Fair Use is media neutral and must be applied to any copyrighted material that you wish to use. Some forms of multimedia can only be used in their entirety (e.g., photos or images); however, permission must be obtained unless explicitly granted by the copyright holder.
See the Digital Millennium Copyright Act.
File-Sharing = Stealing
See IT Policies for network/computer/email use.
Assume that most materials on the Internet are copyrighted, including emails. Once an expression is in a tangible medium, including a computer file, it is protected.
When working on the Internet, keep in mind:
Include a copyright notice on materials you author and post.
Unless your work is subject to contractual restrictions, the university encourages you to grant permission to copy for nonprofit education or research purposes, so long as you are credited.
Look for a copyright notice on other materials.
Do not copy, download, scan, digitize, or forward materials without explicit written consent of the copyright owner, unless:
Permission to use the materials is explicitly stated
It falls within Fair Use or one of the other limitations on the rights of copyright owners
It is subject to a license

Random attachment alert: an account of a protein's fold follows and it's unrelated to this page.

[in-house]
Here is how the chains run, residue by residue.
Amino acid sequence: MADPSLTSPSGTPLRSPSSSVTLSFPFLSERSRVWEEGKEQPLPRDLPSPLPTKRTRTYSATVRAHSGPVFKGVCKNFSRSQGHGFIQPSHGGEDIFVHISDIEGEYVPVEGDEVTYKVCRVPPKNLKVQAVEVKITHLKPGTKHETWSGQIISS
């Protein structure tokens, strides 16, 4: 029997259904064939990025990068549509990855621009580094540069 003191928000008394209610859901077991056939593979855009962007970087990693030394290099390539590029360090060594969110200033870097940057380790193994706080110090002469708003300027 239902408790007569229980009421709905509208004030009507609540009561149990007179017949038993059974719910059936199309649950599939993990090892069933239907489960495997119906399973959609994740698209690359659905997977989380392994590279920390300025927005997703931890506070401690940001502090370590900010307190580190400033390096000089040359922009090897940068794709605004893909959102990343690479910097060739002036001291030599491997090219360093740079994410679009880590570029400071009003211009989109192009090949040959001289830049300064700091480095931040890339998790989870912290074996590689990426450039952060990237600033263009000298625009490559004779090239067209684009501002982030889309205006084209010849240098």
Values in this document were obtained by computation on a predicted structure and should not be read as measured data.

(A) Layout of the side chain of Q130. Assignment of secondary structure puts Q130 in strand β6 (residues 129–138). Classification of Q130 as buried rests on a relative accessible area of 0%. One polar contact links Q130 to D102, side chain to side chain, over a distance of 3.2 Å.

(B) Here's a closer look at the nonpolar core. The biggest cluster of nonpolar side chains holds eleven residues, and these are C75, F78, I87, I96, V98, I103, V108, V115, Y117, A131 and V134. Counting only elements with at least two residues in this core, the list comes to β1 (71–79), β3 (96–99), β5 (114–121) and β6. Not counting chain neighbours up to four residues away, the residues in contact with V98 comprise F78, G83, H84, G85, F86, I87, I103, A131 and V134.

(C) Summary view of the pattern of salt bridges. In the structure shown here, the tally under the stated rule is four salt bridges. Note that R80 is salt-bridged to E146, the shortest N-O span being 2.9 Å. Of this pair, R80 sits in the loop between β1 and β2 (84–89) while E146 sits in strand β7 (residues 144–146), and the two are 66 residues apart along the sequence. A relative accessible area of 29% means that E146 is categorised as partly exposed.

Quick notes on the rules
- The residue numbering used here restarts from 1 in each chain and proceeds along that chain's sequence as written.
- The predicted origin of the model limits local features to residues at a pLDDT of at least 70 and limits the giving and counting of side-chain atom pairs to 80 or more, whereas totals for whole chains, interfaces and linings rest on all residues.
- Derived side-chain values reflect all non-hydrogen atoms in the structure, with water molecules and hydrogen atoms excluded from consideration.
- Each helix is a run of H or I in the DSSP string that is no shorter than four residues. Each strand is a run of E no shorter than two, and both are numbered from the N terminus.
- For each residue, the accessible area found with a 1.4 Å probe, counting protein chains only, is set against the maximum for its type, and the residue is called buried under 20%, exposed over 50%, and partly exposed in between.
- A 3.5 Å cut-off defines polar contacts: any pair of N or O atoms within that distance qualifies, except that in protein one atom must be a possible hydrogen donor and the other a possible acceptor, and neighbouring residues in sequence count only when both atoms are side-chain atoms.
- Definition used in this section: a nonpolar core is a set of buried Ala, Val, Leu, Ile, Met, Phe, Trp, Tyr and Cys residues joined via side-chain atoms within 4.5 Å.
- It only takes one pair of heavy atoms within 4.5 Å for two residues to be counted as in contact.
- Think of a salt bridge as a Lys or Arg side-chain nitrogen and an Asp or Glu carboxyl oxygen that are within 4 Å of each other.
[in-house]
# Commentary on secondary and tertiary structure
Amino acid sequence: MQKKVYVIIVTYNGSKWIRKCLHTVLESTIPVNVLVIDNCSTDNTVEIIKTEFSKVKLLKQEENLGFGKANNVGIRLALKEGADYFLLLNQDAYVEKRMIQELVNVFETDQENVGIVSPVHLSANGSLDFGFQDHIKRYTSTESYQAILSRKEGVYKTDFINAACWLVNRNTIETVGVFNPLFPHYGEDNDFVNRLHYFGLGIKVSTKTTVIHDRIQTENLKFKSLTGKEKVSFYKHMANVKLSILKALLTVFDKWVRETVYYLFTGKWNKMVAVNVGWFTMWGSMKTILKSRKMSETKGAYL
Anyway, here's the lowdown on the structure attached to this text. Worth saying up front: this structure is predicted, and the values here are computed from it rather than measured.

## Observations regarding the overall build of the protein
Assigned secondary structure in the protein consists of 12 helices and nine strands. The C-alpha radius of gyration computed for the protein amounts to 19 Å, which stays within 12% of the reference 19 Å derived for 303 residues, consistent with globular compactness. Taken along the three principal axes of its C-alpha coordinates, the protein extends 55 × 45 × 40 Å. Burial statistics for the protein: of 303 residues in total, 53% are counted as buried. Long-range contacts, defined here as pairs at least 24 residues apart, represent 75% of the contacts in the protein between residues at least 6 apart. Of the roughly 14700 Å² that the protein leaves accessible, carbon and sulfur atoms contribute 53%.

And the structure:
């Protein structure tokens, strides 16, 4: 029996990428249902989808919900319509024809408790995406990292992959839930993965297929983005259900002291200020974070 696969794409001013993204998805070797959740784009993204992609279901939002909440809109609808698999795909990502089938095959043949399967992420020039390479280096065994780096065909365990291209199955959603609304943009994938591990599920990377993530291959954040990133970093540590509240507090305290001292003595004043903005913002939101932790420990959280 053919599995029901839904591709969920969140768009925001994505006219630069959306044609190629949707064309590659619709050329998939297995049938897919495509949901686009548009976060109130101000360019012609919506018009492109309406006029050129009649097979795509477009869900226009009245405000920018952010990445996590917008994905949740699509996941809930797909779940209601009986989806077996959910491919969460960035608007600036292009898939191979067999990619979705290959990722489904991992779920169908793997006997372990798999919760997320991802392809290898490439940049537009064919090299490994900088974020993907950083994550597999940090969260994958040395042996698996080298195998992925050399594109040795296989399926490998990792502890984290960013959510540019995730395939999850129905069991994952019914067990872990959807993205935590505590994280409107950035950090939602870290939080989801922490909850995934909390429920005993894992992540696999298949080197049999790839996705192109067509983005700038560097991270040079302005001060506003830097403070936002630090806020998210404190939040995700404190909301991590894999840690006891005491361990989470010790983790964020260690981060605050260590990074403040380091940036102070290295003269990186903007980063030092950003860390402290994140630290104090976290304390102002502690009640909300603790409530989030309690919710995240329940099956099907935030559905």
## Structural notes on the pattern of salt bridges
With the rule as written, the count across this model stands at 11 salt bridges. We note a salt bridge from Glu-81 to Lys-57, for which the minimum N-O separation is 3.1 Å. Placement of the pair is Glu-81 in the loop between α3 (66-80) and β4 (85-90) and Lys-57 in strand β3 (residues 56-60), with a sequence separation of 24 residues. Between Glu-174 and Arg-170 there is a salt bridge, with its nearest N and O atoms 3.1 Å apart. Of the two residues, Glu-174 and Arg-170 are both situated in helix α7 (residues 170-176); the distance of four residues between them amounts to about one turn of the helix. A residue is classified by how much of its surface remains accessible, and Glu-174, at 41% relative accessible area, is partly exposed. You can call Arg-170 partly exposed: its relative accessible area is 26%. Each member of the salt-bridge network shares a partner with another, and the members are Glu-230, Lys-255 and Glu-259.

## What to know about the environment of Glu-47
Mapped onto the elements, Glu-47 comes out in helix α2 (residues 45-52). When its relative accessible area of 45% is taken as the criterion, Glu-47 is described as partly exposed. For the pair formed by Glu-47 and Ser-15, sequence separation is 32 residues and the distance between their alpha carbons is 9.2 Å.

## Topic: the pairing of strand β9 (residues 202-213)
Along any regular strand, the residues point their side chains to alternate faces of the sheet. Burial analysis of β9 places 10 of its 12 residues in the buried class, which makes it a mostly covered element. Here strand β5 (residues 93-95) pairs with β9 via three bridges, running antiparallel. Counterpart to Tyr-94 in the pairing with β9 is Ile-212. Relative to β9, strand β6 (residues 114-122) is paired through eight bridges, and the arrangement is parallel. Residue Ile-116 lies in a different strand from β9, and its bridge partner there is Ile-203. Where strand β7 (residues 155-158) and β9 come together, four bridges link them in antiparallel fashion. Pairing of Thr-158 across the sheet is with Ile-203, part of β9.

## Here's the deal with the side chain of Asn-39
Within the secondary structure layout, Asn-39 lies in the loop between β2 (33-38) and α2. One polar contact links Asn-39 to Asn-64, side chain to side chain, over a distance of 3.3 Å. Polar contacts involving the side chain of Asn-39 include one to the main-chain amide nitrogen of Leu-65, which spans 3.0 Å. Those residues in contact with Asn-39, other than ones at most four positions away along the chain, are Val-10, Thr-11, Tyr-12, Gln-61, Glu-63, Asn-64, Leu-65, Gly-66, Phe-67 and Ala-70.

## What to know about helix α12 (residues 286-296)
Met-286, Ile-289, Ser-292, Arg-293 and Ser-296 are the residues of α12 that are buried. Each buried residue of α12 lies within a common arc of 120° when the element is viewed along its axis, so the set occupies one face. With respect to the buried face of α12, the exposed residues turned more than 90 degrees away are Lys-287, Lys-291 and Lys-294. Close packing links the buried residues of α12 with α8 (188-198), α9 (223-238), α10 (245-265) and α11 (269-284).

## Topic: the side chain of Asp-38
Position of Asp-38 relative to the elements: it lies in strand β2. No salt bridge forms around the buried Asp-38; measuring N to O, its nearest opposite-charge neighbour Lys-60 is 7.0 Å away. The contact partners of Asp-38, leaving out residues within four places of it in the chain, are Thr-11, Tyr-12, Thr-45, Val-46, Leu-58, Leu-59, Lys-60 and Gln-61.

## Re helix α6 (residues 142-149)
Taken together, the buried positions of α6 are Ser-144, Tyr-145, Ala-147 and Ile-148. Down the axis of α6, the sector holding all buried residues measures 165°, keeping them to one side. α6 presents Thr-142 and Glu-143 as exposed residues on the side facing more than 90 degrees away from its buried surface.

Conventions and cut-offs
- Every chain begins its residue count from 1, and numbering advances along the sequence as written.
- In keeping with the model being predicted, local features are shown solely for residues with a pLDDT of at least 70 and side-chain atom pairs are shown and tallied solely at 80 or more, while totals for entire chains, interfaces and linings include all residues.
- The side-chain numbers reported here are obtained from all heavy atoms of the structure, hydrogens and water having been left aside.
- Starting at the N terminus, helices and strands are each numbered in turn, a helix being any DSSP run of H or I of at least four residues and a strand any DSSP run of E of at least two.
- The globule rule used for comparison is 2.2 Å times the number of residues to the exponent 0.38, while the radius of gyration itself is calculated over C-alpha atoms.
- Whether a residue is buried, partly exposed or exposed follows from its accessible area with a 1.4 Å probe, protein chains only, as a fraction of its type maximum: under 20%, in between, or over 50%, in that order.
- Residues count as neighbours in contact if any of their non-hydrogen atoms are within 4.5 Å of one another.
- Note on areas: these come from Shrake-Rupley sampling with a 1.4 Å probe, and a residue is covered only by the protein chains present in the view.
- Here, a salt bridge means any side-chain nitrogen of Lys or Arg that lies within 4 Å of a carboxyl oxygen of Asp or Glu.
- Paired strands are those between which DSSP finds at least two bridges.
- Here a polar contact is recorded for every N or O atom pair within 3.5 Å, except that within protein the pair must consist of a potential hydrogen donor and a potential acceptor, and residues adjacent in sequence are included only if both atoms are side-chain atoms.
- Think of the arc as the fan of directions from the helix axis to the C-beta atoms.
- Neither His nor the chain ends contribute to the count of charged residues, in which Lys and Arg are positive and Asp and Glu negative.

Do not re-post material on your own website without permission. Link to the source material instead.
When creating and posting a podcast, all traditional copyright laws apply and should be followed. If use of the podcast is restricted to students in a class, Fair Use policies apply.
If creating a podcast with all original materials, the creator owns the copyright.
All necessary rights and permissions must be secured if creating a podcast with:
Previously published materials
If using something you wrote, you still must get permission if you signed the copyright over to a publisher.
Audio of another person’s voice
A performance of someone else’s music
Commercial software is the most common form of copyrighted software. Conditions and restrictions of purchase will vary. If creation of back-up copies is permitted, make no more than one copy. Do not make copies of software documentation.
Shareware is copyrighted. In general, shareware allows users to make and distribute copies. After initial evaluation, users generally must purchase the shareware in order to be used.
Freeware is copyrighted. In general, freeware software stipulates that copies may be made for nonprofit distribution. Freeware can generally be redistributed but not modified.
Open source software's source code is copyrighted by one or more persons/entities and distributed under an open-source license such as the GNU General Public License or Berkeley Software Distribution.
Public domain software is not copyrighted and can be freely modified, copied, and distributed. The copyright holder must explicitly relinquish all rights to the software and must mark the product as public domain.